When To Delegate Making The Wedding Cake

With the average price for a wedding cake at more than $500 and climbing, it can be tempting to ask one of your chef-like friends to bake one for you (rather than doing it yourself). Face it, weddings are expensive, and most people do not have a venue owner, wedding planner, or dressmaker in their social network. But knowing a well-versed home baker or professional chef is increasingly common. And what better way to bestow a meaningful role upon someone important to you than by tapping them to help with the cake?

guest after all. 

Don't be fooled: Baking a wedding cake isn't easy. Even for a professional baker, it is a laborious project and the results can be "disastrous" if you lack a tried-and-true plan, says veteran Bay Area wedding planner Kathy Higgins. For example, beyond just the baking, somebody has to test, taste, transport, ice, garnish, display, cut, and serve the cake — all tasks that neither a couple nor wedding guest baker wants to worry about, and many of which are typically taken care of by caterers or event planner. (Photo courtesy of Abby Jiu)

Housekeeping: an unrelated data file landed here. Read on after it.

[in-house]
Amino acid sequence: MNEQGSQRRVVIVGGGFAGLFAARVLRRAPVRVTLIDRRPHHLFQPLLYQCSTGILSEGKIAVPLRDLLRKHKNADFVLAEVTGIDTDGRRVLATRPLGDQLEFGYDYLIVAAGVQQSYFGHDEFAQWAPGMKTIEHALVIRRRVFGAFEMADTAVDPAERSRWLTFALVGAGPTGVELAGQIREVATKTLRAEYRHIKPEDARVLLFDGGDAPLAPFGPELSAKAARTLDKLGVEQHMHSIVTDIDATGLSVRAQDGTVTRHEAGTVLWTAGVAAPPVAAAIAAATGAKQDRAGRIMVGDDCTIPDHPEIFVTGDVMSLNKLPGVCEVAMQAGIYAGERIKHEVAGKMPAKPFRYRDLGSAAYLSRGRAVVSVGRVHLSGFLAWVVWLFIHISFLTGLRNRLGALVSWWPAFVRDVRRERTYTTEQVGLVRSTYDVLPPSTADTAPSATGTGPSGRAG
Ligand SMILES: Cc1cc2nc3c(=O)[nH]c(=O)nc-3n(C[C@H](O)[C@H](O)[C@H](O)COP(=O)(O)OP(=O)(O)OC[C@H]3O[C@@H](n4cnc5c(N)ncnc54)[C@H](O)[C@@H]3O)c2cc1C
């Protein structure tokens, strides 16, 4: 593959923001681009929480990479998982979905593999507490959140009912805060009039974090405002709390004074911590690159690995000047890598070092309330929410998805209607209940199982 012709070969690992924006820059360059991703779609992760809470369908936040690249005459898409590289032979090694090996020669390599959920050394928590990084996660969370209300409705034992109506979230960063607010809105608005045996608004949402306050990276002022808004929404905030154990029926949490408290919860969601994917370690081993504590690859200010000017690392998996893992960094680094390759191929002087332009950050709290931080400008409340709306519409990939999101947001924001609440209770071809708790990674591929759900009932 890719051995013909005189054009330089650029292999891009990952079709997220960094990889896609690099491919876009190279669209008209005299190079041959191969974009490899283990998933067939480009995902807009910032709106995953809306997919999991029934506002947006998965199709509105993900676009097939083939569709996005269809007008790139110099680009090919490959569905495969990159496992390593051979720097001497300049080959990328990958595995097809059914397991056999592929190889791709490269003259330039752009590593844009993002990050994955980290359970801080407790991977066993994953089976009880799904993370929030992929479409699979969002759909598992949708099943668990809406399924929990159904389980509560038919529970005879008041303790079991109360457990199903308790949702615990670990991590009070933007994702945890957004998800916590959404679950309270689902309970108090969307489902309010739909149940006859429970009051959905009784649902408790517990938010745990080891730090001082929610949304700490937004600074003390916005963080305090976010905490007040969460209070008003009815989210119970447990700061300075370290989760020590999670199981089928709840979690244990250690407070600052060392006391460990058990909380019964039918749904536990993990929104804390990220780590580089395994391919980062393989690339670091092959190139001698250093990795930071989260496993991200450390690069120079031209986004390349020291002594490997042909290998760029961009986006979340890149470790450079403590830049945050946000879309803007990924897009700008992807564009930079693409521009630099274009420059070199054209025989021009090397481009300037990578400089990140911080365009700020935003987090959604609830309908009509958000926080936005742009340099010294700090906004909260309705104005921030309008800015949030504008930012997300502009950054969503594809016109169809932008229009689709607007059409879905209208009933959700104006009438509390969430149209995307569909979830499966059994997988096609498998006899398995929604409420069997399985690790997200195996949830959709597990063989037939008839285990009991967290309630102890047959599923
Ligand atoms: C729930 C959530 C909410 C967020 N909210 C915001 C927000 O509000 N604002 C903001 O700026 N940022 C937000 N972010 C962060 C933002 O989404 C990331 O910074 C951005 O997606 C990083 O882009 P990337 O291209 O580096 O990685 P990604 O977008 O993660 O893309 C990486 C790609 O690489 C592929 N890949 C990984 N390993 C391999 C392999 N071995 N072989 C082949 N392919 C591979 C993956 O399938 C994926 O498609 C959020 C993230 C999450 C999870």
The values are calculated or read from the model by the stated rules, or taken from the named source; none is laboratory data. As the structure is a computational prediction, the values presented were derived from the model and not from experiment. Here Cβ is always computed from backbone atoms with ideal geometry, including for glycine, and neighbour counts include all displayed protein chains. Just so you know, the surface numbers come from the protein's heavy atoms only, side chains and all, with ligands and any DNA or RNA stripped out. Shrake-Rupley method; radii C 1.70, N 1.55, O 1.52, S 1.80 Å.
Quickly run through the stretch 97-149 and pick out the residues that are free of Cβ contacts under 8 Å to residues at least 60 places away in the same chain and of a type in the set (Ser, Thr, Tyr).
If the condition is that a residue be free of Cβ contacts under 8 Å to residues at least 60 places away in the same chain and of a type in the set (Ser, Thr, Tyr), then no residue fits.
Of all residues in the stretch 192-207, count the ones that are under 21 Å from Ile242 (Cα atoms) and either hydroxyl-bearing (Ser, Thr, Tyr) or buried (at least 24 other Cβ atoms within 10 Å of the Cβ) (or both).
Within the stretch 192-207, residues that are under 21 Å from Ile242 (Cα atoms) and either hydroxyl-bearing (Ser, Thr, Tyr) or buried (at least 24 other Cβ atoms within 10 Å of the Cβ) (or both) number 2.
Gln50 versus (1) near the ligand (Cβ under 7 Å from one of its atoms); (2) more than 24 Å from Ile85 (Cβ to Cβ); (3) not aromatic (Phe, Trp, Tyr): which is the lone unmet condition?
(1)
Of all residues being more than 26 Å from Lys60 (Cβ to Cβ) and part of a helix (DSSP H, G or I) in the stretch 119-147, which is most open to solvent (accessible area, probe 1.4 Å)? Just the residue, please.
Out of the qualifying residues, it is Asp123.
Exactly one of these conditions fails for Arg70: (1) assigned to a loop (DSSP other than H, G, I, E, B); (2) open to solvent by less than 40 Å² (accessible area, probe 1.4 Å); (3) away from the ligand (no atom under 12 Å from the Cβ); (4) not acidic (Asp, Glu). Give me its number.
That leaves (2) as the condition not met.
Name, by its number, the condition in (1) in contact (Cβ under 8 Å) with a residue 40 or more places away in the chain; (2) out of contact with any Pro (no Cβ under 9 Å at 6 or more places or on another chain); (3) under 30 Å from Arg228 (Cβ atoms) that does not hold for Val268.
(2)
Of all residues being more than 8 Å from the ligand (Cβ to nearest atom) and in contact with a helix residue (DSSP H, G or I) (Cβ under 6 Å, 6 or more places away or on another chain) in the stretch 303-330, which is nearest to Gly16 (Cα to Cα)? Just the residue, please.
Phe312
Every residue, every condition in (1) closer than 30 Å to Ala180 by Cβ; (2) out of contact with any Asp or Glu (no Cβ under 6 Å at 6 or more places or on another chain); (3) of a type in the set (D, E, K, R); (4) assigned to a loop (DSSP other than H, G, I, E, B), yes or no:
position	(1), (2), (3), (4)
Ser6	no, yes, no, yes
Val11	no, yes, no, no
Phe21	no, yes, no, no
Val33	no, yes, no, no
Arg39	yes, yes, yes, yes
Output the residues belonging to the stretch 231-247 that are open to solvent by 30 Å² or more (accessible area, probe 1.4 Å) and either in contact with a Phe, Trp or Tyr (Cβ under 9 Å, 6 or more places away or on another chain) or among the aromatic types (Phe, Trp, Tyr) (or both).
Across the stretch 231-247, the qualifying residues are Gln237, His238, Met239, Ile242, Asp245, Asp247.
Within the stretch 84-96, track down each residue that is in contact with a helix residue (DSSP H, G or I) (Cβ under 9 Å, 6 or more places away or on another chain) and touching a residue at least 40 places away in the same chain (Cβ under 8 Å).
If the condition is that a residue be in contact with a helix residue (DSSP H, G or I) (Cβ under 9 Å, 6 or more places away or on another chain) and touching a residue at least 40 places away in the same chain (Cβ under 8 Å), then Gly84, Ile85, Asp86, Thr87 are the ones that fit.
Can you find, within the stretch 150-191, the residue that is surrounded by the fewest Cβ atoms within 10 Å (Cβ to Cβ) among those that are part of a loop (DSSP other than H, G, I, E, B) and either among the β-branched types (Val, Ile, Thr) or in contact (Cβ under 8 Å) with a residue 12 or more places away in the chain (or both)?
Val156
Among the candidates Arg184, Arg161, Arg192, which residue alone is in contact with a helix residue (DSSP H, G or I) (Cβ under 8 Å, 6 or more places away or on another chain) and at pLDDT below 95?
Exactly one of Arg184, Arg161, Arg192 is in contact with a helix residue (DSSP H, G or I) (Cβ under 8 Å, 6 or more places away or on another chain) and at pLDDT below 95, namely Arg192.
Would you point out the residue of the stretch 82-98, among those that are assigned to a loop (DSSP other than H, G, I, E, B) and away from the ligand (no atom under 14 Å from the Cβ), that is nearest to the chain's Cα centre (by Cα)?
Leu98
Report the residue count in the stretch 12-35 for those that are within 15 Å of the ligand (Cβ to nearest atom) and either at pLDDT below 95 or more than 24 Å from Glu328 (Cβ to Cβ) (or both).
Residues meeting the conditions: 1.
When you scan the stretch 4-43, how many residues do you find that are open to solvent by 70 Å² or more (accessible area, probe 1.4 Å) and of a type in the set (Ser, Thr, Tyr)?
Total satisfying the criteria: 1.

But many contemporary wedding planners agree that cakes are no longer as important as they used to be. "The cake has become a more silent character at the wedding.  It is there to be seen not heard," meaning that the ceremonial cake cutting is often skipped today, says wedding planner Jessica Hester. Or perhaps there is no cake at all, and instead a tower of cheese rounds, pies, or cupcakes. "Most brides care so much more about having plenty of time to dance," says Hester.

If a cake is going to be a part of the wedding and a friend is being asked to make it there are two sets of perspectives to consider — for the bride, the fundamentals of making the request, and for the friend, there are the challenges of pulling the whole thing off. As such, following are tips for the bride and the lucky baker.

Be Confident in Your Choice It's a cliché, but there's truth in it: Use your common sense. If you're going to delegate cake-making to your friend, you should above all feel confident in the quality of your friend's cooking, specifically their baking, and hopefully, in your friendship, too. And remember, a great chef is not necessarily a great baker! If you have any doubts, hire a professional. 

For a master chef, quadrupling a cake recipe for a special occasion is not a major undertaking, but for an amateur baker without a commercial mixer or large pans, it can be daunting. Your friend might be better suited for a different role, such as a photo slideshow organizer or even a bridesmaid, in which case her bridal party duties alone could easily become overwhelming.